IAVIS helps organizations to combat workplace and online harms by automatically categorising and filtering out high-risk-scoring images, videos and live-streamed footage. By automatically removing more than 90% of harmful visual material, it enables organizations to uphold brand values and aids compliance with user safety regulations requiring the timely removal of harmful visual material. Its ability to instantly detect visual threats within newly created images and live-streamed video prevents them from being uploaded to digital platforms where they could cause further harm to other site users, particularly children.
Applying AI-powered visual content moderation that is trained to identify specific visual threats, IAVIS gives each piece of content a risk probability score and speeds the review of users’ posts. The technology is designed to constantly improve the accuracy of core visual threat categories, with simple displays to allow moderators to easily interpret threat category labels and probability scores. IAVIS can scale to moderate increasing volumes of visual content, without impacting performance, or user experience.
If your organization is striving to maintain user safety, protect your online community from harmful visual material and comply with impending laws, we are here to help you.
Online Safety Tech Industry Association (OSTIA) https://ostia.org.uk/
Business for Social Responsibility, ‘Facebook in Myanmar – human rights impact assessment,’ November 5th 2018 https://www.bsr.org/en/our-insights/blog-view/facebook-in-myanmar-human-rights-impact-assessment
BBC, ‘Facebook admits it was used to ‘incite offline violence’ in Myanmar,’ November 6th 2018, https://www.bbc.co.uk/news/world-asia-46105934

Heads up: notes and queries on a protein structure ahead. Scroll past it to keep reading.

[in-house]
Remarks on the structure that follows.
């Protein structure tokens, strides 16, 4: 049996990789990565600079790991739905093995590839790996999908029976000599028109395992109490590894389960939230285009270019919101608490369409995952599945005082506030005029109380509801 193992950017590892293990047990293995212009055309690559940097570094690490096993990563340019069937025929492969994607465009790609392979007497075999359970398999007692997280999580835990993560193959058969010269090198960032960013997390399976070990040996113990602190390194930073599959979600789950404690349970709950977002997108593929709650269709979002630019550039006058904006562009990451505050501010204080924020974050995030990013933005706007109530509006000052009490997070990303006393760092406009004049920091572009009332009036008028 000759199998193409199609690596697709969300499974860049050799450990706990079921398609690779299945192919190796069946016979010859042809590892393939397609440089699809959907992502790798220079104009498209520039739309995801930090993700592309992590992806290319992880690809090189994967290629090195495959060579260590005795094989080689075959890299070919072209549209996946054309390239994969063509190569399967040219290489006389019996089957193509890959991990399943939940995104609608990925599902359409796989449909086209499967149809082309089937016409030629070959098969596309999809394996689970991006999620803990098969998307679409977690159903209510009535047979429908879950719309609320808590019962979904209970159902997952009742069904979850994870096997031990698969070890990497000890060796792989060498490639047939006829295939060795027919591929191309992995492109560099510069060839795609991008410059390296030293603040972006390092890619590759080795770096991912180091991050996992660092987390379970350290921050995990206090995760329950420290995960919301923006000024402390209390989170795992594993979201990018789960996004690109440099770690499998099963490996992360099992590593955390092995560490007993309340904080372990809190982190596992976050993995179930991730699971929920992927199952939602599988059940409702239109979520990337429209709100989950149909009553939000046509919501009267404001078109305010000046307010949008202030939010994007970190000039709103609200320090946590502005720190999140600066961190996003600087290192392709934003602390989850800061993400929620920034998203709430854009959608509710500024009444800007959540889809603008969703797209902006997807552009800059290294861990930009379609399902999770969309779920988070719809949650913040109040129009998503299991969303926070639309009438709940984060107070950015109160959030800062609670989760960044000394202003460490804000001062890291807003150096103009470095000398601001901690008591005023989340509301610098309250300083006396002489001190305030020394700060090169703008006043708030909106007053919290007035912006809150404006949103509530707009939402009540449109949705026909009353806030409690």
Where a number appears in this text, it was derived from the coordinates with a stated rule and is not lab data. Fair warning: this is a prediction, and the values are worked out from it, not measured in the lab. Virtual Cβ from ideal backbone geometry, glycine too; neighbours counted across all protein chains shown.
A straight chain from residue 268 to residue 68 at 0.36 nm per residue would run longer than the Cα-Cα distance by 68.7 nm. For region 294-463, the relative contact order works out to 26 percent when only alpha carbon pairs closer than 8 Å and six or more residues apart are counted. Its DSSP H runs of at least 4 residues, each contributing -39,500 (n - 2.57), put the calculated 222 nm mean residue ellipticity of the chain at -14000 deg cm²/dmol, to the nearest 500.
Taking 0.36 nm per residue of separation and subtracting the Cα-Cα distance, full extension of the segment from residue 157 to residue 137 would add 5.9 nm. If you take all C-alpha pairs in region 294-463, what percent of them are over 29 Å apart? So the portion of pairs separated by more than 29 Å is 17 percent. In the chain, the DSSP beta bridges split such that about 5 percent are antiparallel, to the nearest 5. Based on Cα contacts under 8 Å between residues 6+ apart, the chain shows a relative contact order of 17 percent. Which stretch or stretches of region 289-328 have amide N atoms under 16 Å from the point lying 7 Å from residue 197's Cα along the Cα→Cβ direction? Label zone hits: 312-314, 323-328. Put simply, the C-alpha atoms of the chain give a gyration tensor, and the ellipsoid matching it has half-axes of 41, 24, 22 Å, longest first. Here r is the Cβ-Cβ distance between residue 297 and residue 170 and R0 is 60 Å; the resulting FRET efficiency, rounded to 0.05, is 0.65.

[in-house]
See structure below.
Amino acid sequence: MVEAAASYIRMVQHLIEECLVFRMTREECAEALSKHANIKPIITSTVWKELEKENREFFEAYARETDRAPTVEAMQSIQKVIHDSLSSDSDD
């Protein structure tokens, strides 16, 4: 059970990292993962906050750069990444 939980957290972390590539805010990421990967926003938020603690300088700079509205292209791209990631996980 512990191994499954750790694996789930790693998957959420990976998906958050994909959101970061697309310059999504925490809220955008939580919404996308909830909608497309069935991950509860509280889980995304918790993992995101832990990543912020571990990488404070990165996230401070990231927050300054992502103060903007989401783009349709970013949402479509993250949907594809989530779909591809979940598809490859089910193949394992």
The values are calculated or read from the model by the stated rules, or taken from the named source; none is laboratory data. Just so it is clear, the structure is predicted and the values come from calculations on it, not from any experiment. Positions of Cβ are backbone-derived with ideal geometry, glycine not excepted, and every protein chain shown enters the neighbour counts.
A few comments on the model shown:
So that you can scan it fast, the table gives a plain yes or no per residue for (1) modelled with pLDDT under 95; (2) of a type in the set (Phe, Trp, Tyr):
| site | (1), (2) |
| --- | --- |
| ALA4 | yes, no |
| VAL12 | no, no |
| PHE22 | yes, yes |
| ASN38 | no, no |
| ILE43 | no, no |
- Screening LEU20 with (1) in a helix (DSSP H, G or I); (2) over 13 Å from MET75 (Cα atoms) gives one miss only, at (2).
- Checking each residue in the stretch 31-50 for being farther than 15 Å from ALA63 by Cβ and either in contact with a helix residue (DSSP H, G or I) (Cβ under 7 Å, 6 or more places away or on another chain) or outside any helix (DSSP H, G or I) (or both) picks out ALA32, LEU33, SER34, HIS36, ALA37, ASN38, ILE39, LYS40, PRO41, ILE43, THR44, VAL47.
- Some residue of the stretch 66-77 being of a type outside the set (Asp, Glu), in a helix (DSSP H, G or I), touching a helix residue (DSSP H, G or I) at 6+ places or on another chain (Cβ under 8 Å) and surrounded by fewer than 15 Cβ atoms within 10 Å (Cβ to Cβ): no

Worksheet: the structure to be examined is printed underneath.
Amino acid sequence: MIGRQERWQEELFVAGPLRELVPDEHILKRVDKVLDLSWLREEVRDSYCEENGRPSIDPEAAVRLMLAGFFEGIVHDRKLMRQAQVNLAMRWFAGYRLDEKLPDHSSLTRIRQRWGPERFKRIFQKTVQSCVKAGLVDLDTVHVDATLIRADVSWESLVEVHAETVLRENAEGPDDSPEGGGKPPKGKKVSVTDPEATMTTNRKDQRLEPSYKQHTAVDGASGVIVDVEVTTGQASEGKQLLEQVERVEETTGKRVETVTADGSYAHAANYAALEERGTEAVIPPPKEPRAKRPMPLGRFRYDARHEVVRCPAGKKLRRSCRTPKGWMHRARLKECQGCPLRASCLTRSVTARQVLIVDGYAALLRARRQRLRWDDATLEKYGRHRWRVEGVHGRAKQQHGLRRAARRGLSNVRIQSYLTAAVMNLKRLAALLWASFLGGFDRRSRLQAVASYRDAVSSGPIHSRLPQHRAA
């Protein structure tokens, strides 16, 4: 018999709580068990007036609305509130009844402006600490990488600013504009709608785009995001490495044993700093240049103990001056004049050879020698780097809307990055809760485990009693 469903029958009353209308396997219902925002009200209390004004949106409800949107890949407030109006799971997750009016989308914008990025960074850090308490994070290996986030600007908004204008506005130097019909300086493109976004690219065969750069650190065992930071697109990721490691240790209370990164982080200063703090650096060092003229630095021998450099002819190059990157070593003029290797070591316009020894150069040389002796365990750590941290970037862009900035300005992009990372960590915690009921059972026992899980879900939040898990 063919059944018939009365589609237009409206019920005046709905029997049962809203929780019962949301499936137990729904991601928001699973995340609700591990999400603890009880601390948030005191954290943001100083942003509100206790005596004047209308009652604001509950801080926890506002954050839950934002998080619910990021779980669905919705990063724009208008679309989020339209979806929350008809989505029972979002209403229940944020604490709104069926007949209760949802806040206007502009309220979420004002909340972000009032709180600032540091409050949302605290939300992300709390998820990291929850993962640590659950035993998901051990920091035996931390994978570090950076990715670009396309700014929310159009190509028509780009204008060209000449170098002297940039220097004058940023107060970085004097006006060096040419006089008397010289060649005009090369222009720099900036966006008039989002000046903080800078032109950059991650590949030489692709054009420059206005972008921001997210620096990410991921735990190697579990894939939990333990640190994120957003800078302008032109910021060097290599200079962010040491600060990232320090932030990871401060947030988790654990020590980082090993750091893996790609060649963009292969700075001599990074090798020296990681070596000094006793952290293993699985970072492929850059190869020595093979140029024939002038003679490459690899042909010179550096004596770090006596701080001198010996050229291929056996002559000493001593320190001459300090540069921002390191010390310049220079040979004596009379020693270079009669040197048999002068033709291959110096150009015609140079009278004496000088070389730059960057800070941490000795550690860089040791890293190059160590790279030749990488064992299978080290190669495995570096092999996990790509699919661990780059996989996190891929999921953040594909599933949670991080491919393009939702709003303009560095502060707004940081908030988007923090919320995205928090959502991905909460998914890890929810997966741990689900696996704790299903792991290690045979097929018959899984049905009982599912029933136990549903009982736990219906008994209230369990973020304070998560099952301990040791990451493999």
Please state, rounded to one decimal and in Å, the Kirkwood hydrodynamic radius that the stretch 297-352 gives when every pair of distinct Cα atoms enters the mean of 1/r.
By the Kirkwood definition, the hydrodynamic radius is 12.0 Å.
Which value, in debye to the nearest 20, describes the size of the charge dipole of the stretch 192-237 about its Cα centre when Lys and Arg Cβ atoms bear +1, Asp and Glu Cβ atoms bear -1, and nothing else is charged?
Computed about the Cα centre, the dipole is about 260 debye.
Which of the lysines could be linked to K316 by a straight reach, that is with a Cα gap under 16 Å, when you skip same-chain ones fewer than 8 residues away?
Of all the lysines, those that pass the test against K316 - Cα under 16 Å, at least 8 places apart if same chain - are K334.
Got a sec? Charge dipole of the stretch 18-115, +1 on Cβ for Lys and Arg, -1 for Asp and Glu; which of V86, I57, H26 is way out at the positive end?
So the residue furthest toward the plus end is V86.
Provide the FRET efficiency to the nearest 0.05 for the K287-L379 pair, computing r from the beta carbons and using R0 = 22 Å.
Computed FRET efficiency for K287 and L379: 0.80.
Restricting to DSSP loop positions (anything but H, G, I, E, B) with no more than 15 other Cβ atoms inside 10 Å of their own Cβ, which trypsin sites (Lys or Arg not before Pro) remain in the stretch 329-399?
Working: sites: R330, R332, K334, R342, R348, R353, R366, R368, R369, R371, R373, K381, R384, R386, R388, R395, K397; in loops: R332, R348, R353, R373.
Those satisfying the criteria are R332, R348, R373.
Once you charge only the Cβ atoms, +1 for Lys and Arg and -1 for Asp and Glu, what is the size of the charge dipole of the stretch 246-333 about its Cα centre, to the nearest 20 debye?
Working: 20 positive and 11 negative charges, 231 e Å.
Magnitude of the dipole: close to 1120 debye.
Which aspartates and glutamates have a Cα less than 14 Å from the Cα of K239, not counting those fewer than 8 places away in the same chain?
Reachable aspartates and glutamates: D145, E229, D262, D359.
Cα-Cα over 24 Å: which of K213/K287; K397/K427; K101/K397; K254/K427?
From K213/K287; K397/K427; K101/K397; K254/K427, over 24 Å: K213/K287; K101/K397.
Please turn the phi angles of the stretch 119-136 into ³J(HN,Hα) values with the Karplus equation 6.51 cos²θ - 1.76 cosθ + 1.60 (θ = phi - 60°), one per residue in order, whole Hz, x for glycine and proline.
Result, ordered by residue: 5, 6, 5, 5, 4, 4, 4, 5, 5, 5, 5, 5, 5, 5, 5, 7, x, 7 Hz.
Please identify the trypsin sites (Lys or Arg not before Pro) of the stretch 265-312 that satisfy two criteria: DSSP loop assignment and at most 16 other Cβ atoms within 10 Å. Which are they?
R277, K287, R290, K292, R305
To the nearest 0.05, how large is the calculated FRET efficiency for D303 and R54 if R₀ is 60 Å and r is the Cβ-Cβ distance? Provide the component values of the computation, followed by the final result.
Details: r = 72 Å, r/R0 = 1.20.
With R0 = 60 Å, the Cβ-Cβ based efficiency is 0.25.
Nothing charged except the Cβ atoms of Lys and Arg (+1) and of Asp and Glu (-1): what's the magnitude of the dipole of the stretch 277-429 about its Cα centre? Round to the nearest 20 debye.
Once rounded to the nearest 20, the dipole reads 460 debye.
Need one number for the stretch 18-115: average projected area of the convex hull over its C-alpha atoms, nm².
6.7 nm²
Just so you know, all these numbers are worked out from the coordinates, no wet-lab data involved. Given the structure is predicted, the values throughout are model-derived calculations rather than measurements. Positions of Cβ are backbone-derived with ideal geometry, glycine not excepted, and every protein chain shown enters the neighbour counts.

Image Analyzer – Online Safety Legislation: Section 230, EU Digital Services Act, UK Online Safety Bill https://image-analyzer.com/online-safety-legislation/
The Hill, Chris Mills Rodrigo, ‘Anti-trust content moderation to dominate tech policy in 2021,’ December 7th 2020 https://thehill-com.cdn.ampproject.org/c/s/thehill.com/policy/technology/528861-antitrust-content-moderation-to-dominate-tech-policy-in-2021?amp
CNBC, Lauren Feiner, ‘Biden advisor, Bruce Reed, hints that Section 230 needs reform,; December 2nd 2020: https://www.cnbc.com/2020/12/02/biden-advisor-bruce-reed-hints-that-section-230-needs-reform.html
Financial Times, Hannah Murphy, Kiran Stacey, ‘Now Republicans and Democrats alike want to reign in big tech,’ January 12th 2021 https://www.ft.com/content/e7c1a64f-b2d9-423b-a86c-f36d1c4e71b7?segmentId=bf7fa2fd-67ee-cdfa-8261-b2a3edbdf916
The Daily Telegraph, Charles Hymas, Social media firms face being banned from UK for online harms, says minister,’ October 7th 2020, https://www.telegraph.co.uk/news/2020/10/07/social-media-firms-face-banned-uk-online-harms-says-minister/
MediaWrites, Bryony Hurst, Theo Rees-Bidder, Bird & Bird, ‘Online Harms in the UK – significant new obligations for online companies and fines of up to 10 percent of annual global turnover for breach’, December 16th 2020 https://mediawrites.law/online-harms-in-the-uk-significant-new-obligations-for-online-companies-and-fines-of-up-to-10-of-annual-global-turnover-for-breach/
The Guardian, Alex Hern, ‘Online Harms Bill – firms may face multibillion pound fines for content.’ December 15th 2020 https://www.theguardian.com/technology/2020/dec/15/online-harms-bill-firms-may-face-multibillion-pound-fines-for-content
TechCrunch, Natasha Lomas, ‘Online Harms Bill coming next year will propose fines of up to 10% of annual turnover for breaching duty of care rules.’ December 14th 2020 https://techcrunch.com/2020/12/14/uk-online-harms-bill-coming-next-year-will-propose-fines-of-up-to-10-of-annual-turnover-for-breaching-duty-of-care-rules/
Silicon UK,Tom Jowitt,‘Online Safety Bill could fine firms 10 percent of turnover,’ December 15th 2020 https://www.silicon.co.uk/e-management/social-laws/online-safety-bill-fine-10-percent-349526?cmpredirect